My daughter has a copper intra-uterine device (IUD). Is this safe in an MRI machine?

    Most IUDs are made with copper, which does not distort the MRI images. The IUD will not increase in temperature or dislodge during an MRI scan. It is still important, however, that you inform the MRI team of all jewellery, piercings, devices or prostheses (artificial body parts) on you or your child before entering an MRI room.

    Are there any side effects of contrast?

    In rare cases, contrast can cause reactions in children. About one child in 1000 might get a rash, hives, or an irritated mouth or throat. If this happens, your child might need to stay in the hospital a few hours longer and may need some extra medicine (e.g. antihistamines). Very rarely, your child may have a serious and life-threatening reaction and will need to be admitted to hospital for treatment.

    These are allergic reactions that cannot be predicted unless a previous reaction has been experienced. Staff can safely manage any side effects or reactions that may occur.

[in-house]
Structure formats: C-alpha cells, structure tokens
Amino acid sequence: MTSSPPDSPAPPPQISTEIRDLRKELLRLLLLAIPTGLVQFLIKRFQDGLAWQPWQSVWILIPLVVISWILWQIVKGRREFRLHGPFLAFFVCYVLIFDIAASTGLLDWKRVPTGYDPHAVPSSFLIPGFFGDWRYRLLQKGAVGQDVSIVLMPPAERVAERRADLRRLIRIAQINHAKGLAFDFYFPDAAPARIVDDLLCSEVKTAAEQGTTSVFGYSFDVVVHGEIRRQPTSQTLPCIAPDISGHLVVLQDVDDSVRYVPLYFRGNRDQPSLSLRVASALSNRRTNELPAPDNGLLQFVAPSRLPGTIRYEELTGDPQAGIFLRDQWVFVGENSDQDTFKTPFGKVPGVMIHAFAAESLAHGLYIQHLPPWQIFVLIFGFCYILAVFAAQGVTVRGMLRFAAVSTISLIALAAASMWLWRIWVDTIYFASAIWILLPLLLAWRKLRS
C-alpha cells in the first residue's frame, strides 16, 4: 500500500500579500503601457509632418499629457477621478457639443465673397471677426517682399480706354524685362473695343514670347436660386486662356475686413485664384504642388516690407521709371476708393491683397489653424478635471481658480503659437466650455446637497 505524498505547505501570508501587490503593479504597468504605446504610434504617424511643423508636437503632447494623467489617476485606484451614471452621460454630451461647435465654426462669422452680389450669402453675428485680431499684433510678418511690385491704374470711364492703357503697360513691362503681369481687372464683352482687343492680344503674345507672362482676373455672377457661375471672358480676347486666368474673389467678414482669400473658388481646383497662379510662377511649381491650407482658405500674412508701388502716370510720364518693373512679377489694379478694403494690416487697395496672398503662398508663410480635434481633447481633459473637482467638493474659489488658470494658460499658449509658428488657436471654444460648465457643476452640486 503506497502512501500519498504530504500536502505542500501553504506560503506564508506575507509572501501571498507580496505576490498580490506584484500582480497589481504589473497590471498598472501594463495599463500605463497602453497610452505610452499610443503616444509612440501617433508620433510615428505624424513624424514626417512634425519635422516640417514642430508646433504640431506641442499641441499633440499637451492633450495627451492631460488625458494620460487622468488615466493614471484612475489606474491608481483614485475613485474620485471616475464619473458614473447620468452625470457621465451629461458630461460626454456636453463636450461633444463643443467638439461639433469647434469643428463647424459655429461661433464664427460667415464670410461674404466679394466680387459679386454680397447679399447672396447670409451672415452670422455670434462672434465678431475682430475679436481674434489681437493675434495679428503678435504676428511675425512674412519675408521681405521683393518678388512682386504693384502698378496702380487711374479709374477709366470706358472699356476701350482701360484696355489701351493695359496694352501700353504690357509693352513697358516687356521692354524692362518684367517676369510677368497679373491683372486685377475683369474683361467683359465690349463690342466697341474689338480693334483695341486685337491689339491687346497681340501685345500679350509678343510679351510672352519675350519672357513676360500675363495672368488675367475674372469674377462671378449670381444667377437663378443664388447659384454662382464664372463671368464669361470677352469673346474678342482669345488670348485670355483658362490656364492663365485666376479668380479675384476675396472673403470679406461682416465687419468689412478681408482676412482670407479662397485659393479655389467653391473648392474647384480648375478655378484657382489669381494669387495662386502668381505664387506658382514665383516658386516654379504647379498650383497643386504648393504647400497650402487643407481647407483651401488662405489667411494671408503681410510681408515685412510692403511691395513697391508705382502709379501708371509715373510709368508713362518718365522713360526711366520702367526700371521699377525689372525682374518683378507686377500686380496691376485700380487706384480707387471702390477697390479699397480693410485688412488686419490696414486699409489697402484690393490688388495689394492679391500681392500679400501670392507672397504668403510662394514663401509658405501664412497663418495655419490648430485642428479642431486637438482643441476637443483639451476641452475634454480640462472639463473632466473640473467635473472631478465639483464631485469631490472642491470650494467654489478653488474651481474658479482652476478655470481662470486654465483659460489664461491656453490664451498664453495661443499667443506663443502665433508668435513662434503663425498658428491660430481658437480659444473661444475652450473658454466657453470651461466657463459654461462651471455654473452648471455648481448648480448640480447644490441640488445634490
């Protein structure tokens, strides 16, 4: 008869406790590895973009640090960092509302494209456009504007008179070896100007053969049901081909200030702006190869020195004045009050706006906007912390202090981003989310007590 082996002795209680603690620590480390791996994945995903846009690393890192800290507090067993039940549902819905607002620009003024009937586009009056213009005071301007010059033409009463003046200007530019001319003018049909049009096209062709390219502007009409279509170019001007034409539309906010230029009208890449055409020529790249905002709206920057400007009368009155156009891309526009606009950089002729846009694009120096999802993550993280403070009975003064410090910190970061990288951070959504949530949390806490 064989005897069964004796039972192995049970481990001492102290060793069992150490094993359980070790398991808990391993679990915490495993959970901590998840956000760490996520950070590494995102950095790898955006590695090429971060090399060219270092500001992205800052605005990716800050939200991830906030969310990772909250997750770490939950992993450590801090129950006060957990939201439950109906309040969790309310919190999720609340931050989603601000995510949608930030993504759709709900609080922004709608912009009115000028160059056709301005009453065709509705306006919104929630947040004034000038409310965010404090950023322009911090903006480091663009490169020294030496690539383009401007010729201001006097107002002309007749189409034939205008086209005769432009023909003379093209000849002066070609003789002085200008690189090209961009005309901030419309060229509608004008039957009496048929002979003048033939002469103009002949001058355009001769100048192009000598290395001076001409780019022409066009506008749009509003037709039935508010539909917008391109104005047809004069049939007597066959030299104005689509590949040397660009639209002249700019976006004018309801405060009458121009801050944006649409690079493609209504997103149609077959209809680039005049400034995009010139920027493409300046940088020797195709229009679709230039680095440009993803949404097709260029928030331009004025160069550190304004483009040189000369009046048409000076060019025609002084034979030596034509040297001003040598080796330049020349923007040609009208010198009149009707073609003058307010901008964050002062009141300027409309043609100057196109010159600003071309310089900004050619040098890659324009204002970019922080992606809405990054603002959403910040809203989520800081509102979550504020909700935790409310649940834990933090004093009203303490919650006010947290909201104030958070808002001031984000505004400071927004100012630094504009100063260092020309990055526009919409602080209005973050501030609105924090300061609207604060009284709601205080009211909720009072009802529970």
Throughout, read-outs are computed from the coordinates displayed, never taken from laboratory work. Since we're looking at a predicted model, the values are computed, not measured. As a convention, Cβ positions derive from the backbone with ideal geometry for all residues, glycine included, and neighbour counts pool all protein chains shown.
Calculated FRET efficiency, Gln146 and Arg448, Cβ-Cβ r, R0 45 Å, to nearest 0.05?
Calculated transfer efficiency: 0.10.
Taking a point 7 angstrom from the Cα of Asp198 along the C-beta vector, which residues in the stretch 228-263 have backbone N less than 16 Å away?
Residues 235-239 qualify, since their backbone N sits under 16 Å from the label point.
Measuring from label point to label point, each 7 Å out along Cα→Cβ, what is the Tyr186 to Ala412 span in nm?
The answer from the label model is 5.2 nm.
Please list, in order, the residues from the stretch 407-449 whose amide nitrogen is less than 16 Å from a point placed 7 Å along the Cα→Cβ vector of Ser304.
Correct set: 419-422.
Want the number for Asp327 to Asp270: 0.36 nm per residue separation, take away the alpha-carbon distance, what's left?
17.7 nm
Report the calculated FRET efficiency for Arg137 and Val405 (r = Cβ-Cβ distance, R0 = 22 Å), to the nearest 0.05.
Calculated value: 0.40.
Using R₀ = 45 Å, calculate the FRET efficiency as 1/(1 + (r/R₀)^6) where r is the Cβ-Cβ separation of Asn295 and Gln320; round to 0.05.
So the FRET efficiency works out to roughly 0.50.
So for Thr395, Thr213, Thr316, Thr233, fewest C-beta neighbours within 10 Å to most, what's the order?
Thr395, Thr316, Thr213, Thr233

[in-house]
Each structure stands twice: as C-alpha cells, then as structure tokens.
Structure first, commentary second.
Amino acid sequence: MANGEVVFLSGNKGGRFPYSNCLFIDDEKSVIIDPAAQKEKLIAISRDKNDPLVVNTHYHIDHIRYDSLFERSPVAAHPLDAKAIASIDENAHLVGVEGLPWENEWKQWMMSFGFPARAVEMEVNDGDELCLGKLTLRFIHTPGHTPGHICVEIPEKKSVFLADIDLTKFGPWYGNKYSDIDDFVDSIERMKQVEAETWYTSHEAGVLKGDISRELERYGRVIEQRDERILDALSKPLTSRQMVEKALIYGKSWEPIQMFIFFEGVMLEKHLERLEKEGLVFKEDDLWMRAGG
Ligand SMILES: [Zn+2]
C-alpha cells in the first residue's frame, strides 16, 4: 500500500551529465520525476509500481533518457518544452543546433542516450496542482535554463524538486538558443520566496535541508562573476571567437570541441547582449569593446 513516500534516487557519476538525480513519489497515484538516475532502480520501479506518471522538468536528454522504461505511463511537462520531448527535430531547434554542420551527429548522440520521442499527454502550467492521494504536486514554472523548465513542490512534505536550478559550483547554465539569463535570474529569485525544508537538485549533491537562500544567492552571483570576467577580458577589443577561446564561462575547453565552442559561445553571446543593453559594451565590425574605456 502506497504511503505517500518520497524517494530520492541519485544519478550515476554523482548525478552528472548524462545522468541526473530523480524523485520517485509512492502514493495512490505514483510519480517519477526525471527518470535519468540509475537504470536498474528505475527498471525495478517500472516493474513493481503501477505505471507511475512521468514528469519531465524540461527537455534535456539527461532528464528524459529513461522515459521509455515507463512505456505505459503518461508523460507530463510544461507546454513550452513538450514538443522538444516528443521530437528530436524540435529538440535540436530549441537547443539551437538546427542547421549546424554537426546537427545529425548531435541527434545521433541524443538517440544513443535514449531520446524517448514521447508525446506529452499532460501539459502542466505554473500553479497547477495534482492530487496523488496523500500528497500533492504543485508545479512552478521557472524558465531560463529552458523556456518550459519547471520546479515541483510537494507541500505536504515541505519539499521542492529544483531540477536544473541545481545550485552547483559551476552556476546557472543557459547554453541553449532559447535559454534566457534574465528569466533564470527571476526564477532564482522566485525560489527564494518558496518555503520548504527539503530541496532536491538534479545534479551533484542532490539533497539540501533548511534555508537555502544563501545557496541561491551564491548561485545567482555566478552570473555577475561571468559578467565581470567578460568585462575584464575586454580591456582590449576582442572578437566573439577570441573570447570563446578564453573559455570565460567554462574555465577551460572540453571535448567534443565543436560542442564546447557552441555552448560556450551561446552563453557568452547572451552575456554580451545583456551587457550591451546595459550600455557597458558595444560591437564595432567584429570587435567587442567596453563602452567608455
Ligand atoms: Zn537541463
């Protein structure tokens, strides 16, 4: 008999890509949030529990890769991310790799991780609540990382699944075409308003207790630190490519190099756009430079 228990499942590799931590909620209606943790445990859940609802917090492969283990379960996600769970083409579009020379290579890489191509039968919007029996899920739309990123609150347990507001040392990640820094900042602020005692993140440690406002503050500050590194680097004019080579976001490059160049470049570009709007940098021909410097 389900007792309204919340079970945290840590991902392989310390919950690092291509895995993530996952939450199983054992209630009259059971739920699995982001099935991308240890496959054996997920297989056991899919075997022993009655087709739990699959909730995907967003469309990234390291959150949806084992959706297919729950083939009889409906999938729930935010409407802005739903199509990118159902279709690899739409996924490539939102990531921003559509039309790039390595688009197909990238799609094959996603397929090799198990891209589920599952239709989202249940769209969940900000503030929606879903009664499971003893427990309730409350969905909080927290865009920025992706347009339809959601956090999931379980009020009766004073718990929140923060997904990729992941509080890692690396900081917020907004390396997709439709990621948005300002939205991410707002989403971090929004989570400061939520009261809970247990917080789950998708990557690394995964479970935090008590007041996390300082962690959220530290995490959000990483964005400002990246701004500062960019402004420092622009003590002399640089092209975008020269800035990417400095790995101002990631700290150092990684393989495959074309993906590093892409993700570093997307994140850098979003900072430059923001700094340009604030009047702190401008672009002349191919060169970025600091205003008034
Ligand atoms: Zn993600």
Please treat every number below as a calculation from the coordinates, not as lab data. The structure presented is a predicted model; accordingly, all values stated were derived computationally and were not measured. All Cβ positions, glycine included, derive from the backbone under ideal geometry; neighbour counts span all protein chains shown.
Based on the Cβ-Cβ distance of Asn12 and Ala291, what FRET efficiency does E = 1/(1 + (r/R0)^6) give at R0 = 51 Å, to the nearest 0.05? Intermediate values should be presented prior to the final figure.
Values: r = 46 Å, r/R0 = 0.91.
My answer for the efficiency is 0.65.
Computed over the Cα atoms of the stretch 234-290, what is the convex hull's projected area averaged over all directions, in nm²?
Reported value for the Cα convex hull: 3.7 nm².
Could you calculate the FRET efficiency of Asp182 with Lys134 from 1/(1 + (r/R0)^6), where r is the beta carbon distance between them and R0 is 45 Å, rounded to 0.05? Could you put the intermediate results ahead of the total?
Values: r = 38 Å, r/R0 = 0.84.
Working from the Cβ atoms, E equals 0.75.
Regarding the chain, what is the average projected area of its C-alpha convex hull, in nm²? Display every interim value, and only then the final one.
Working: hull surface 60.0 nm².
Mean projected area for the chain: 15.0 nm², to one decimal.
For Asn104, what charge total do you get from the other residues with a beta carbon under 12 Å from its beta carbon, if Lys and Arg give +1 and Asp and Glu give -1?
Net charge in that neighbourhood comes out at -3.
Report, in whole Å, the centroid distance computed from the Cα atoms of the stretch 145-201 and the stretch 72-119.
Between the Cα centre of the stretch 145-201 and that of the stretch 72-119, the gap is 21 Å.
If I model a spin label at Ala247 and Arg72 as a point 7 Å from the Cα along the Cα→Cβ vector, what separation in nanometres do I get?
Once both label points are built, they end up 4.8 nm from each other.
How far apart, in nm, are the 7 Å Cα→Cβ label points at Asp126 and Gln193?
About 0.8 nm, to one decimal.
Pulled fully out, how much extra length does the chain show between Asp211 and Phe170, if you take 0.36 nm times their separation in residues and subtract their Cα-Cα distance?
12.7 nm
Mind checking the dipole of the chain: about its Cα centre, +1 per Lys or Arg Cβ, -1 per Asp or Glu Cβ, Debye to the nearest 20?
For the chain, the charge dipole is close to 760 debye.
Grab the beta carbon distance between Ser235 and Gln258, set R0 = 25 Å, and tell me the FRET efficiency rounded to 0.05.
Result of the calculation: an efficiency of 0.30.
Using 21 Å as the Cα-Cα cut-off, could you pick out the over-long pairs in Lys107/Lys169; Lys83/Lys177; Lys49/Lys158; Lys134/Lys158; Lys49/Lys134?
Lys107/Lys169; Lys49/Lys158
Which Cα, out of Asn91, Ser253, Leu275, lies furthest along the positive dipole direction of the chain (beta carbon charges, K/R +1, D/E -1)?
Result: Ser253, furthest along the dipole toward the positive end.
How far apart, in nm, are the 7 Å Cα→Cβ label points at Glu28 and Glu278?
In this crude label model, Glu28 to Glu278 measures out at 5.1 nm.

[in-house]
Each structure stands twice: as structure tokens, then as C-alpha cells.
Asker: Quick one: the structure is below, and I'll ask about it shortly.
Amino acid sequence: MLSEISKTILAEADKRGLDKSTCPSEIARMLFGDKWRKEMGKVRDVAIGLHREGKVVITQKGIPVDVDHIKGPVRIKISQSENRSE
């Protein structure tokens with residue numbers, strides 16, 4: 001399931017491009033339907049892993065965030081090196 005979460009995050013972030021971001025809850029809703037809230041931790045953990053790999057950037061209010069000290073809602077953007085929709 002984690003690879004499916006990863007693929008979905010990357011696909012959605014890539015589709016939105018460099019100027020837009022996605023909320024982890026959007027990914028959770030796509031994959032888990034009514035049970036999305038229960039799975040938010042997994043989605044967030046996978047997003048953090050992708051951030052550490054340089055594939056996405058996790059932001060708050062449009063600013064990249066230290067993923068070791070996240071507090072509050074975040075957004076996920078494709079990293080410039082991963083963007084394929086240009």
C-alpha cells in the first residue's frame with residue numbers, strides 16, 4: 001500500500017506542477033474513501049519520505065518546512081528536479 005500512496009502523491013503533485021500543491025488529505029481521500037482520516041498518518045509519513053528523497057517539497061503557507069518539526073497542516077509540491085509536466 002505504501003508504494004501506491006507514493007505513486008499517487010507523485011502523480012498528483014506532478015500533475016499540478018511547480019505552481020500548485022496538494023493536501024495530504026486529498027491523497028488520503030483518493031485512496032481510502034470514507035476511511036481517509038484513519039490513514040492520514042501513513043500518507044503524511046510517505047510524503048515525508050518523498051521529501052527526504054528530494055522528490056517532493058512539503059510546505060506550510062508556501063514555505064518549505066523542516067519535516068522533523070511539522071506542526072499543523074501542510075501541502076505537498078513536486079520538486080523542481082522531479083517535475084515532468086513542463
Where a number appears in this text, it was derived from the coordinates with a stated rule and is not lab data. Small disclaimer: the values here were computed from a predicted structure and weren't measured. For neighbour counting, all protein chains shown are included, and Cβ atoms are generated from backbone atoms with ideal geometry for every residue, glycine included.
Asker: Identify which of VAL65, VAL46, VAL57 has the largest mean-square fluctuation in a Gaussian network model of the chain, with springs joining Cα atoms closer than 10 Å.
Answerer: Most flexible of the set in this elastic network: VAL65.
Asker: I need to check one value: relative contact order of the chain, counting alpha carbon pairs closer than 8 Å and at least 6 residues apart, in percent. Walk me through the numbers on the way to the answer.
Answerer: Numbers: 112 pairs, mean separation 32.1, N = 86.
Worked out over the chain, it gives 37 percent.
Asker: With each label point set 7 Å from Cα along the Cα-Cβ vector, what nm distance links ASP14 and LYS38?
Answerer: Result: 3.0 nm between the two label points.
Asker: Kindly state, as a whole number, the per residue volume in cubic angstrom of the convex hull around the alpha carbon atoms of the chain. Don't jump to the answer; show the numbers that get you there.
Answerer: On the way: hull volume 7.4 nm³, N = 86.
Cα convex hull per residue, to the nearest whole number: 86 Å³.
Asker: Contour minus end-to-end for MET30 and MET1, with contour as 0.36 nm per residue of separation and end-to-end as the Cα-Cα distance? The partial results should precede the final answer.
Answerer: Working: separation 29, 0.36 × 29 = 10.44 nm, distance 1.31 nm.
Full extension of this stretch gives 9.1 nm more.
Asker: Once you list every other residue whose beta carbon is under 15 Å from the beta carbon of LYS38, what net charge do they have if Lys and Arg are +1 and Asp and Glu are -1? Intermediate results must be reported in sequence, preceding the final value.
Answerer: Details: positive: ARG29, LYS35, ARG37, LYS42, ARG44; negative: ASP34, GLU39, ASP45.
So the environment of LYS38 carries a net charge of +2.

Developed by The Royal Children's Hospital Medical Imaging department. We acknowledge the input of RCH consumers and carers.

    Reviewed October 2018.

    Kids Health Info is supported by The Royal Children’s Hospital Foundation. To donate, visit

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This information is intended to support, not replace, discussion with your doctor or healthcare professionals. The authors of these consumer health information handouts have made a considerable effort to ensure the information is accurate, up to date and easy to understand. The Royal Children's Hospital, Melbourne accepts no responsibility for any inaccuracies, information perceived as misleading, or the success of any treatment regimen detailed in these handouts. Information contained in the handouts is updated regularly and therefore you should always check you are referring to the most recent version of the handout. The onus is on you, the user, to ensure that you have downloaded the most up-to-date version of a consumer health information handout.